If you're planning to spend the weekend in the Dutch countryside with a load of Disney princesses, orcs and witches, go prepared. After three hours of sleep, a nine-hour bus ride, several hours photographing cosplayers and a couple more hours walking through a forest, I finally found the hut that I'd be sleeping in for the night.
I had no idea where I was, my phone was half-dead and the only petrol station I'd passed didn’t sell beer. I was at Elfia – Europe’s biggest fantasy festival – and I hadn't thought anything through.
Elfia – which this year took place in some historic castle gardens near the village of Arcen – is a mixture of open-air convention, Renaissance fair, concert and cosplay contest, spread over an entire weekend and supposedly attended by around 25,000 guests.
I’ve been to the cosplay village at Gamecom and visited a number of roleplay conventions; I'd consider myself a pretty open-minded, nerdy kind of person. But crossing the drawbridge onto the castle grounds for the first time, I felt like I was stepping into a completely alien world. An orc walked past, followed by three excited senior citizens snapping photos.
“There are a lot of older people here today who actually just wanted to take in the castle and the gardens,” explained Maike Schober, a PR for the event. She wasn't in costume.
I wish I'd had a couple of extra cameras and a few more arms so I could document everything going on around me. One thing I did manage to capture was a group of giggling girls hanging out on one of the many bridges surrounding the castle, all of them taking turns holding a dog in a black-and-turquoise Victorian dress. Several princesses were posing for pictures; I couldn't work out whether they were based on anime characters or roleplay royalty, which made me realise how embarrassingly out of the cosplay loop I'd become.
At one point, an older lady in steampunk gear gave me a dodgy look when I lit up a cigarette in the rose garden. I'd half-hoped I'd strike up a friendship with a load of elves – that we'd all get high together in the idyllic, medieval grounds of the castle. Unfortunately, as I quickly discovered, drugs aren't popular with any mystical beings – not orcs, not wizards and certainly not elves.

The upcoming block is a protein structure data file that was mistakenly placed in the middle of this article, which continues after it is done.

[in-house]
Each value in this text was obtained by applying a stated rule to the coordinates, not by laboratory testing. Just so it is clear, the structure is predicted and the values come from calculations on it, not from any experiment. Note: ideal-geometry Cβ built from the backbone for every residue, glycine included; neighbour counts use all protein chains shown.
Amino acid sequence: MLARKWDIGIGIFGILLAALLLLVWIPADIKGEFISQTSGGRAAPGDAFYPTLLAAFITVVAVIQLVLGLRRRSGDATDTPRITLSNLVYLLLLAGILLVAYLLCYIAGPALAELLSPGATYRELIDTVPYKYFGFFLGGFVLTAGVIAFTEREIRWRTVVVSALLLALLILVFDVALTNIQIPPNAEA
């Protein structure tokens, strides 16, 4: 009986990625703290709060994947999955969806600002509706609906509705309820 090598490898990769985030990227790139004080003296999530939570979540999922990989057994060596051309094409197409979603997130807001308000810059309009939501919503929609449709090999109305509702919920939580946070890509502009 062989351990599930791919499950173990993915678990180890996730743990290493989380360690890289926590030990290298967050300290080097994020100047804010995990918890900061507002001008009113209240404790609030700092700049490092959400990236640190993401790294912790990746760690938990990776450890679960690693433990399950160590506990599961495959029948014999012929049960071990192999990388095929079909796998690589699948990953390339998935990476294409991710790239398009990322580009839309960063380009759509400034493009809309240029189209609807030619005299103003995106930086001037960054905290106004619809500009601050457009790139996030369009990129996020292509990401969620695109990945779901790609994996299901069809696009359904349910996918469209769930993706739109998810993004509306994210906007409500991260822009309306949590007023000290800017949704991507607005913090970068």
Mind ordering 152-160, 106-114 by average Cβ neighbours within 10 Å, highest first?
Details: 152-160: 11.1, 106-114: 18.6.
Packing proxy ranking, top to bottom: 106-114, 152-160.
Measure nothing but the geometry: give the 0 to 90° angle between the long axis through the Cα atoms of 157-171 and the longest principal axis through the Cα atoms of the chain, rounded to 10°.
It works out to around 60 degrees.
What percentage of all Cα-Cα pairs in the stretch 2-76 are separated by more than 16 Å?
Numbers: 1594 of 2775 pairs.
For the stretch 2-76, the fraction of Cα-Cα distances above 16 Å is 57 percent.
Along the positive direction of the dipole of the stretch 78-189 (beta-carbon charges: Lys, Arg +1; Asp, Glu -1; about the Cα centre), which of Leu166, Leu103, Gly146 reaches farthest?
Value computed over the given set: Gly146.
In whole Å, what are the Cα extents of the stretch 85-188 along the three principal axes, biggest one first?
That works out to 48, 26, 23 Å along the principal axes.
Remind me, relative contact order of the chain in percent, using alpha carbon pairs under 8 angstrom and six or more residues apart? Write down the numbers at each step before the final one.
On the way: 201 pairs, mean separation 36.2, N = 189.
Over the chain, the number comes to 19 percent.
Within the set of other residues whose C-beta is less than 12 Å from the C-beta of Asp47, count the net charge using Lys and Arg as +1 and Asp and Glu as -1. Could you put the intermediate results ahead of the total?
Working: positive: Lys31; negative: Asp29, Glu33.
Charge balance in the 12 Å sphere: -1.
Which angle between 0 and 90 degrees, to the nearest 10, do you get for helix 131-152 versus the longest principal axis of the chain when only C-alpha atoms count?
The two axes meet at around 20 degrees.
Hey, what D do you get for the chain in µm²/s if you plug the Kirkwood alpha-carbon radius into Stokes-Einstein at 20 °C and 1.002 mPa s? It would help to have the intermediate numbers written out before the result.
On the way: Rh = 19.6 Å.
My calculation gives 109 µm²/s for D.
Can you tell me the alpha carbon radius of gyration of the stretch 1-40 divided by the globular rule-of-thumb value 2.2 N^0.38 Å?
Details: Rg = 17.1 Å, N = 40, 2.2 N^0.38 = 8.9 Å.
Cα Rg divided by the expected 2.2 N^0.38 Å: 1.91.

By the afternoon I'd worked my way through the castle and its gardens, soon finding myself in the large open space where the real festivities were taking place.
Food, robes, slightly tipsy Sailor Moon characters – it was all there, mingling among the various booths. A wood elf, a stormtrooper and the Mad Hatter were taking selfies. Entire families in costume pushed strollers through the muddy grounds. A steampunk pistol vendor warned “young warriors” not to touch the weapons on display, while a troupe of wannabe D'Artagnans flailed around in a nearby sword-fighting workshop.
I kept on walking, bumping into Captain Jack Sparrow before realising that I'd completely missed the jousting tournament. Disappointed, I sat and watched a woman in a fairy costume stroke a white pony to the Lord of the Rings soundtrack. A bunch of people were staring at her breathlessly; I'm not sure what I stumbled in on.
Passing a hair-braiding stand and a group of Ghostbusters locked in discussion, I realised I was lost and took some sluggish steps to what I assumed was the exit. Just as I spotted the gate in the distance, storm clouds began to gather.
Hooped skirts billowed, leaves whipped through the gardens and a group of furries suddenly materialised and didn't do a whole lot. I decided it was time to leave, and with that two members of the Knights Templar – each about 50 years old – pointed me vaguely towards my hut.
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